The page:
I've been seething quietly ever since.

You want to know who acts like they own the road, Mr. 40-carat cufflinks? DRIVERS, THAT'S WHO. Drivers who turn left in front of me. Drivers who get impatient if I delay their journey by all of two seconds who then scream past me with a whisker to spare. Drivers who nearly run me off the road twelve times a day. Drivers who pull out without checking for cyclists (the cause of all the accidents I and other friends have ever been involved in). Drivers who refuse to give way to me at roundabouts. Drivers whose short-sightedness and lack of care and general recklessness I am CONSTANTLY compensating for. And don't even get me started on white van men!

And yes, I reserve the right to feel slightly superior to fat car-driving types like yourself.

Friday, April 16, 2010

North London // South London

Boogaloo // Bugaboo
skinny jeans // rugby thighs
hi-top trainers // personal trainers
muggers // chuggers
hipsters // nippers
Tracey Emin quilts // Cath Kidston quilts
vintage // antiques
Pearly kings and queens // pearls and twinset
Cockney geezers // Wide boys
Camden goths // Croydon yobs

* * * * *
Any contributions?

Wednesday, April 07, 2010

Hit grrls and beautiful geeks

You know those super-cool, highly stylised movies that completely glorify violence, that you come out of thinking "yeah, I could totally be an assassin!" and you're picturing yourself skulking around the city after dark, kicking in doors and giving bad guys the death stare before cooly dispatching their asses one by one?

No? Just me then.

Movies that fall into the category of making-you-want-to-be-an-assassin: Kill Bill, Charlie's Angels, Nikita, Pulp Fiction, Crouching Tiger Hidden Dragon, Zatôichi, the Bourne series.

But before I saw any of these there was Leon (or The Professional, as it was known in Australia), starring babe-in-the-making Natalie Portman as an orphan child who takes up with her loner neighbour after her family are slaughtered by a maniacal drug lord. Leon is possibly my most favourite film ever; and not just because I was a little in love with Jean Reno and the soundtrack featured Björk. I remember stumbling out of the arthouse cinema at the top end of Bourke street, blinking in the still-bright daylight, feeling different somehow. Indestructable. Cool. A little bit...goth.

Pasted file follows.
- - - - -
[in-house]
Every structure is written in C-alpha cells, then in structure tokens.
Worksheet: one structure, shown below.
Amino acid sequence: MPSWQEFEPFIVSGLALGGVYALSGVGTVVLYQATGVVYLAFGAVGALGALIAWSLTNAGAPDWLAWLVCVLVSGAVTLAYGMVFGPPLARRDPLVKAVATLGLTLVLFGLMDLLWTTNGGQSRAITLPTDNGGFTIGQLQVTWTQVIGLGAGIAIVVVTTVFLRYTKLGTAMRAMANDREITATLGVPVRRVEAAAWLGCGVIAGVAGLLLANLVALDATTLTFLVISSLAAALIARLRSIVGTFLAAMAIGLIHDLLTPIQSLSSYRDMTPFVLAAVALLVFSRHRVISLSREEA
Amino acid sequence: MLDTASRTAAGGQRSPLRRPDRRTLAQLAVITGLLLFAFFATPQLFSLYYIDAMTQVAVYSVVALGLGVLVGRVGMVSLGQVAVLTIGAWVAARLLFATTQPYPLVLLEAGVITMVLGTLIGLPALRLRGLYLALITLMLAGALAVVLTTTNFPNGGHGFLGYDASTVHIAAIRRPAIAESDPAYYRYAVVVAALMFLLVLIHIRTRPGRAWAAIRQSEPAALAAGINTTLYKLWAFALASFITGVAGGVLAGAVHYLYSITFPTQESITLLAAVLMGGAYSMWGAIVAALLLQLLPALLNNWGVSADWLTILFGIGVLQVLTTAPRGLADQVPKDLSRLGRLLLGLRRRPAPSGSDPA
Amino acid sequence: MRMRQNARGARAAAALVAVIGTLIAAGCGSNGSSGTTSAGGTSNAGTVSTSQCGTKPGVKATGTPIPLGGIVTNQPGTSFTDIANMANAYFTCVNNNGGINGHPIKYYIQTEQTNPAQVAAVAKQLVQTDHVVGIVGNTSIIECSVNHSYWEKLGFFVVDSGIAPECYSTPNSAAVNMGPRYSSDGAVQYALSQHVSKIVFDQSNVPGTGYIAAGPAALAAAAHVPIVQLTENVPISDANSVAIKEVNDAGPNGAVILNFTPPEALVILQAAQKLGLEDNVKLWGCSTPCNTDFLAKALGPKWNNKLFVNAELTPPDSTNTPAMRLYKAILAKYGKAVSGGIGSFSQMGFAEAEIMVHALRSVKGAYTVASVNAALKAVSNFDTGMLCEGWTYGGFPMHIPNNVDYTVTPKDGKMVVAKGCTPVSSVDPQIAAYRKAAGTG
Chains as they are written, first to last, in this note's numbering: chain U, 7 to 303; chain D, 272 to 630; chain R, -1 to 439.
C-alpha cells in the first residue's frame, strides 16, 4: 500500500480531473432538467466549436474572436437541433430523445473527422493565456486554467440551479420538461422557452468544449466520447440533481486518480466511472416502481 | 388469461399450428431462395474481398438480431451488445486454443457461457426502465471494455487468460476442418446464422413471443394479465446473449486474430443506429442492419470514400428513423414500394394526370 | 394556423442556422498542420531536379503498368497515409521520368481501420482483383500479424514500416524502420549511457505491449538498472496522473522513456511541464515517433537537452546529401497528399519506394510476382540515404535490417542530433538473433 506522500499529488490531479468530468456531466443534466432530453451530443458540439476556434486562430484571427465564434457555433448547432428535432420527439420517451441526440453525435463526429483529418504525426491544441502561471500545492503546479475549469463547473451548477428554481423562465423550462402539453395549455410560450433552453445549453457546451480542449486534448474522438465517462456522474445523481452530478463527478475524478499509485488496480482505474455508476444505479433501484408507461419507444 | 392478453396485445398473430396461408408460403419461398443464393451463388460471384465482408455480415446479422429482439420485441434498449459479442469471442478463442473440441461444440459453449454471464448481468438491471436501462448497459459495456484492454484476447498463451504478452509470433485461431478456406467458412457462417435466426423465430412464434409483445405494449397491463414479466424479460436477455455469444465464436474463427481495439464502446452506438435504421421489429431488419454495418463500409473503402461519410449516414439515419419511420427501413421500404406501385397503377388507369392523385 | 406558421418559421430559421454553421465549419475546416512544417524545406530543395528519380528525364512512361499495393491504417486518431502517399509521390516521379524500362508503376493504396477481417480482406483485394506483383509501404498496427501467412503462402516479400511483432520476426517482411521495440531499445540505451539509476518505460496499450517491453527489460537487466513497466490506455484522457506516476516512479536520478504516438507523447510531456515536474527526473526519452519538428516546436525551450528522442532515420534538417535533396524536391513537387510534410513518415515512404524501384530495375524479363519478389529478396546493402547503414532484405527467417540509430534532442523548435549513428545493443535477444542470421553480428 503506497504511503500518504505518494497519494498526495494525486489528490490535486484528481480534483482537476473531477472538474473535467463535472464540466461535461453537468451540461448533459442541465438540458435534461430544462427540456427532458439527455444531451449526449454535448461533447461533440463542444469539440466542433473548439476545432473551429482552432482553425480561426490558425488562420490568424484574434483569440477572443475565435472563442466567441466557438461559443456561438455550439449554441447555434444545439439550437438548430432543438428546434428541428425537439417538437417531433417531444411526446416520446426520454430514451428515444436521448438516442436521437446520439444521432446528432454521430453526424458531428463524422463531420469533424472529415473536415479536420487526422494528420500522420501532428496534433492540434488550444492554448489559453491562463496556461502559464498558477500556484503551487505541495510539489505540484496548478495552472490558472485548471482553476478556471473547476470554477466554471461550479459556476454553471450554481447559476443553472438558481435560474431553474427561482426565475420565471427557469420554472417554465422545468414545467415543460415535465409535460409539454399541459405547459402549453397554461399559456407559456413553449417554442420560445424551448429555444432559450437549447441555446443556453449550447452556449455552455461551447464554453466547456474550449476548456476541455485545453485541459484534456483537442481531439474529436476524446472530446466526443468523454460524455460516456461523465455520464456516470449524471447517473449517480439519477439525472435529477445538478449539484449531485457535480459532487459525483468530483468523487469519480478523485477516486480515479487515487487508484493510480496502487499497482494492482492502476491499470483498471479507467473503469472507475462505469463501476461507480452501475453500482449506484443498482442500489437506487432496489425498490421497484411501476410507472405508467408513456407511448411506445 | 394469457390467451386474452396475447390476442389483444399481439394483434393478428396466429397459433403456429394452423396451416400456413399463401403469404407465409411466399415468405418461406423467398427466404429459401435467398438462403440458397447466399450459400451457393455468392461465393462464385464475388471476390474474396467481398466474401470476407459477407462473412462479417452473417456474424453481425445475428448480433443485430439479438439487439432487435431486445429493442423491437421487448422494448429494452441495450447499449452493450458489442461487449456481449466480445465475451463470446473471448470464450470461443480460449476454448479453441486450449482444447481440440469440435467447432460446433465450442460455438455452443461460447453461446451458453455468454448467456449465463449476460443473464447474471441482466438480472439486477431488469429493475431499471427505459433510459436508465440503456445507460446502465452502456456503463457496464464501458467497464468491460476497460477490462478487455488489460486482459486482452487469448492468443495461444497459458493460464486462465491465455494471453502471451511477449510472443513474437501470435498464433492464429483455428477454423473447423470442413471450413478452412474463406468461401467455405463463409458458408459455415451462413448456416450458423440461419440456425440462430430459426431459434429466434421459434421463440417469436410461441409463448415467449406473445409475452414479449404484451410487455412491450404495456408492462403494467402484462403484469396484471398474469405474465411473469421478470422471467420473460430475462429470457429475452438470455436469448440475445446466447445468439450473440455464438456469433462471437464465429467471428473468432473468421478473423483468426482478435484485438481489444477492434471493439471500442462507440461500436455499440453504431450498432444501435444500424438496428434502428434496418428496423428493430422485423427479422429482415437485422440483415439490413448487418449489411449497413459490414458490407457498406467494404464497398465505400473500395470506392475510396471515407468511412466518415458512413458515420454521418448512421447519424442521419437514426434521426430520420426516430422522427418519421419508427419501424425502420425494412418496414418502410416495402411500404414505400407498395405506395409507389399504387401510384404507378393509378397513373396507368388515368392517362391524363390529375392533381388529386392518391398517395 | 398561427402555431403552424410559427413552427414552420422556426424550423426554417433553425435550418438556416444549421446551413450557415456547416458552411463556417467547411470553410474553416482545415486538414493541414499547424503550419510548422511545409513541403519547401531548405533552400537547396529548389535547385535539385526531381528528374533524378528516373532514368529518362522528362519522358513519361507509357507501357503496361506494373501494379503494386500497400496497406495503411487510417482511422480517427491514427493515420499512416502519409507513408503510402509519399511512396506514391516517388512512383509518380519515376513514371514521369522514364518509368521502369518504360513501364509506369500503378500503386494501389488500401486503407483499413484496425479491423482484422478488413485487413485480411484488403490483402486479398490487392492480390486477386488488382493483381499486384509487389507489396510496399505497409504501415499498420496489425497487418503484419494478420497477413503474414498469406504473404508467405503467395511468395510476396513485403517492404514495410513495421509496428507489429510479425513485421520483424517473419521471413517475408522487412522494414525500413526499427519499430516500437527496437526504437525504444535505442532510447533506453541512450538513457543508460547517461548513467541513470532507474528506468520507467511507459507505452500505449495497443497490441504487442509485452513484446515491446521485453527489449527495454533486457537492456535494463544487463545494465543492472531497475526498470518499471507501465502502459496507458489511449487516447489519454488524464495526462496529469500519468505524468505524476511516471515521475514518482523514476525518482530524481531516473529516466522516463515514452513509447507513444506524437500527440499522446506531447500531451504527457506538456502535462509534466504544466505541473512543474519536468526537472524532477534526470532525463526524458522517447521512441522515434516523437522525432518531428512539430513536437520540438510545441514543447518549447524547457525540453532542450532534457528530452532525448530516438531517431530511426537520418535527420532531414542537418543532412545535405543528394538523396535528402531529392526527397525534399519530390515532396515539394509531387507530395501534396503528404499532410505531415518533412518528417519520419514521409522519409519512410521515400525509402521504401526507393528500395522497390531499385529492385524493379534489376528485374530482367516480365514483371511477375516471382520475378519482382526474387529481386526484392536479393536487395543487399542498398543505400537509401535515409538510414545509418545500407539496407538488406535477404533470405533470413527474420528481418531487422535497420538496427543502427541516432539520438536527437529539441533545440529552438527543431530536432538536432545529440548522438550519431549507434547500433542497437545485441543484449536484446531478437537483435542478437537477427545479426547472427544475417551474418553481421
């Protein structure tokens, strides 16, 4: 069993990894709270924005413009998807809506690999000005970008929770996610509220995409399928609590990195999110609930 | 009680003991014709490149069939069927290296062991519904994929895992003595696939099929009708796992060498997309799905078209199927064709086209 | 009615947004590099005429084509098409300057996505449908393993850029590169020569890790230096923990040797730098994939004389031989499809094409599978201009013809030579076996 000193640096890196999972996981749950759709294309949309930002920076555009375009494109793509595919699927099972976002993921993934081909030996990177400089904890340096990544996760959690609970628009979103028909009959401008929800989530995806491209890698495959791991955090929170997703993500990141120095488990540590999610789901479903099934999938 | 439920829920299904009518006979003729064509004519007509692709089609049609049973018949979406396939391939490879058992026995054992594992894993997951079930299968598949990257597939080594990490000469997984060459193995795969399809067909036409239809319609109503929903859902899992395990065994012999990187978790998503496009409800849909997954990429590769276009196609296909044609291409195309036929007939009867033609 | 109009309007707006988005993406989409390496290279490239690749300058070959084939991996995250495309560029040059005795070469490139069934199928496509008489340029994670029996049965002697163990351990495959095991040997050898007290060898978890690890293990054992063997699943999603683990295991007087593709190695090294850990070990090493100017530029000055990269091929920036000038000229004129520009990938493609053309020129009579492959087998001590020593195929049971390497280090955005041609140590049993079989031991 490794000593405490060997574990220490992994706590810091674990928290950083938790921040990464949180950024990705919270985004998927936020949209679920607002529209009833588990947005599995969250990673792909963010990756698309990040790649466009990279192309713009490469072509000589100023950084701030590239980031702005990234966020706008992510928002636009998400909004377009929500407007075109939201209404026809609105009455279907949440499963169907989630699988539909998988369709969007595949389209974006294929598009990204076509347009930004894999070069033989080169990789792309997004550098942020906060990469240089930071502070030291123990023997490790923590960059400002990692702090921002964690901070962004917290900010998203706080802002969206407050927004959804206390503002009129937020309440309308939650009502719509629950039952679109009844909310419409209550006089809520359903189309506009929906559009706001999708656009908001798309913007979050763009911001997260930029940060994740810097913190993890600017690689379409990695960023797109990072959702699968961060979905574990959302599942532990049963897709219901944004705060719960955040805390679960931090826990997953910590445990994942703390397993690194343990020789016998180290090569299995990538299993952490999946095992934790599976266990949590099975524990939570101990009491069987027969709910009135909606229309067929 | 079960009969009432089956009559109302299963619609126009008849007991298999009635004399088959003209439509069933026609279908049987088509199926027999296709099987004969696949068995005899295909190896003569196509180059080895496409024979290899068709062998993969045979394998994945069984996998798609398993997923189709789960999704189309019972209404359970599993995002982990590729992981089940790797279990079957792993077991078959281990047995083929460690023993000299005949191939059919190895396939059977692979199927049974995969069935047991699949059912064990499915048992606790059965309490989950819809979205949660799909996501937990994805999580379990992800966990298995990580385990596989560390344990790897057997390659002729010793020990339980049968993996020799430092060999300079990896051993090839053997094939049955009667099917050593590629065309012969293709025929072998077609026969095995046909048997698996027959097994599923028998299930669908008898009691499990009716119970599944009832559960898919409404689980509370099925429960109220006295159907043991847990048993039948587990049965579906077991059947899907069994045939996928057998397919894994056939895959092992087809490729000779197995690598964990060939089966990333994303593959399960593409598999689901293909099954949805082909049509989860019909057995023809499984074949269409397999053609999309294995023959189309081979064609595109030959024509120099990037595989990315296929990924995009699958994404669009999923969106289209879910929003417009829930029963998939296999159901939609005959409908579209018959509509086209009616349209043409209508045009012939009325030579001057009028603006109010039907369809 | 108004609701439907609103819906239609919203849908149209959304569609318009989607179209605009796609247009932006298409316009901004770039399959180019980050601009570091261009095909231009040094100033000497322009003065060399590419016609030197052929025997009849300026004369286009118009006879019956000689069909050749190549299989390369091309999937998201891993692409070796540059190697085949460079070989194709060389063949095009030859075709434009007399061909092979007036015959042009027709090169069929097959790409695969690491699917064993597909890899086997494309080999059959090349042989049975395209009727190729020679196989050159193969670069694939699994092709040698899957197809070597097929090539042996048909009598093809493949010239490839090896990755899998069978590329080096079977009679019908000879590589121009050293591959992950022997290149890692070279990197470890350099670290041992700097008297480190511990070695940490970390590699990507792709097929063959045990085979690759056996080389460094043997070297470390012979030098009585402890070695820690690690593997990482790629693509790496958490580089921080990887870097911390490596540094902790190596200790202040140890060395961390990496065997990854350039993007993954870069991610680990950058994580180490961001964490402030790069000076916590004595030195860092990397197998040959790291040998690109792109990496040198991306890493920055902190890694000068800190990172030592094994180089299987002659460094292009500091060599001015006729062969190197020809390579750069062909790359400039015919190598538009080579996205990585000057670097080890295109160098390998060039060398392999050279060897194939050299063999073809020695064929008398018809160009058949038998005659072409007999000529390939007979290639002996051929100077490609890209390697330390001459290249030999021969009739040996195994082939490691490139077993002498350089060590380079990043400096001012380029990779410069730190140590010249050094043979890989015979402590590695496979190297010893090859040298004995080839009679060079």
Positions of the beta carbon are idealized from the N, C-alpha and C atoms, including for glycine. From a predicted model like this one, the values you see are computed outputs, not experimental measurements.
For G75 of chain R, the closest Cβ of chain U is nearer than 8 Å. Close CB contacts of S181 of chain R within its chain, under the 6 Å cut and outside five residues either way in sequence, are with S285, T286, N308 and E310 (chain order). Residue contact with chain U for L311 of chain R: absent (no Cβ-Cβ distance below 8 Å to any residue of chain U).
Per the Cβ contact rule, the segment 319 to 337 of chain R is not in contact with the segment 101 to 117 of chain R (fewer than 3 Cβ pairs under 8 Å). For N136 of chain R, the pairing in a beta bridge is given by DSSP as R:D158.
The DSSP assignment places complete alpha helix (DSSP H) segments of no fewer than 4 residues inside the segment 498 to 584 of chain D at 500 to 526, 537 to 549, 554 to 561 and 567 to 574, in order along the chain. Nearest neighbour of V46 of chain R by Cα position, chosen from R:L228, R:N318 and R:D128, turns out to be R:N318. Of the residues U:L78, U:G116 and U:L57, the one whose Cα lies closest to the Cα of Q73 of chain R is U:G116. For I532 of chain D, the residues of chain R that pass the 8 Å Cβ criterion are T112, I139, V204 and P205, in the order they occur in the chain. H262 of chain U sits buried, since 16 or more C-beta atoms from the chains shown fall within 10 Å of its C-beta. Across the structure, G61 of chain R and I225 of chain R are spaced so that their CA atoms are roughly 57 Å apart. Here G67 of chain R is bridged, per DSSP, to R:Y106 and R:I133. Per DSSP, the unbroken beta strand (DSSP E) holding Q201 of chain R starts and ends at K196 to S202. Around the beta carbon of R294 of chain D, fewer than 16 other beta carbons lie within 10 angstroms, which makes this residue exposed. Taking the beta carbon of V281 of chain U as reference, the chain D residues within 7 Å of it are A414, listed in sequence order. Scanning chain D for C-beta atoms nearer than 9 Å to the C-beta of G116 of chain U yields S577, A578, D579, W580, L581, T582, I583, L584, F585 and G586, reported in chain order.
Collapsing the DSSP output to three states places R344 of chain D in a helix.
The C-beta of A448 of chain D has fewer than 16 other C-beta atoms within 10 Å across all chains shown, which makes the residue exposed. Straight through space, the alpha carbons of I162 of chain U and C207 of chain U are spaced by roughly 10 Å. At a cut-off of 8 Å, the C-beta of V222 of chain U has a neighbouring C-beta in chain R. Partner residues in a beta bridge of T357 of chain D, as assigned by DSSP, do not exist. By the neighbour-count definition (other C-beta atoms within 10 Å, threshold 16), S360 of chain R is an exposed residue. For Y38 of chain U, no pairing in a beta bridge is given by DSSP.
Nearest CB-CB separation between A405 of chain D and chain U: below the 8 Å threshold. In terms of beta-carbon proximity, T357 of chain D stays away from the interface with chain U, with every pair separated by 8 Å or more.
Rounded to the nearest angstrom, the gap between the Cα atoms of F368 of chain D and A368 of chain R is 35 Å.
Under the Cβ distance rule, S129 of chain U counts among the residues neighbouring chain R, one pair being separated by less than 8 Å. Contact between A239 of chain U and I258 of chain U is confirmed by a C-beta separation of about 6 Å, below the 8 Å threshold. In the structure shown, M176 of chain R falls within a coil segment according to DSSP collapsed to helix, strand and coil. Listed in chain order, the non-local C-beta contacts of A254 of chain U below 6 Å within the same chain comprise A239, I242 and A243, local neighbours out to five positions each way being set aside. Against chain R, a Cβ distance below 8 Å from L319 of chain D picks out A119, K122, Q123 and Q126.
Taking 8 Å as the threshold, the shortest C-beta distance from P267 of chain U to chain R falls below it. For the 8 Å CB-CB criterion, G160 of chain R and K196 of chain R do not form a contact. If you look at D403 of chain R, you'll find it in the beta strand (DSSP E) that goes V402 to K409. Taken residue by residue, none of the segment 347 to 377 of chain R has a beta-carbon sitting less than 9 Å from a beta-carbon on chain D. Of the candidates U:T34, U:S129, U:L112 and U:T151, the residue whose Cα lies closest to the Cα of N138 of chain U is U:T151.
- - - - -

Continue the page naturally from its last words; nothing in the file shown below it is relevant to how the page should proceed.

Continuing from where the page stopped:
And now there is Kick-Ass, the story of a high school geek who decides to become a self-made superhero, kitted out in a green wetsuit, Timberland boots and home-made ninja sticks.

The movie has blown away a whole load of comic book conventions, not least by introducing a 12 year old hit girl called, you guessed it, Hit-Girl. She reminded me a lot of Mathilda in Leon:


There's been a lot of hoo-ha about her use of the c-word in this film. I am not sure if it is my almost complete desensitisation to such language or testimony to Chloe Moretz's pitch perfect performance that it barely registered on my shock-scale.

Pre-teen killing machine uses a few bad words? Whatevs.

Controversy aside, Kick-Ass is great big colourful fun with a dark streak, and treads a fine line between highly stylised action flick and low-fi geekdom. Oh, and he helped:

beautiful geek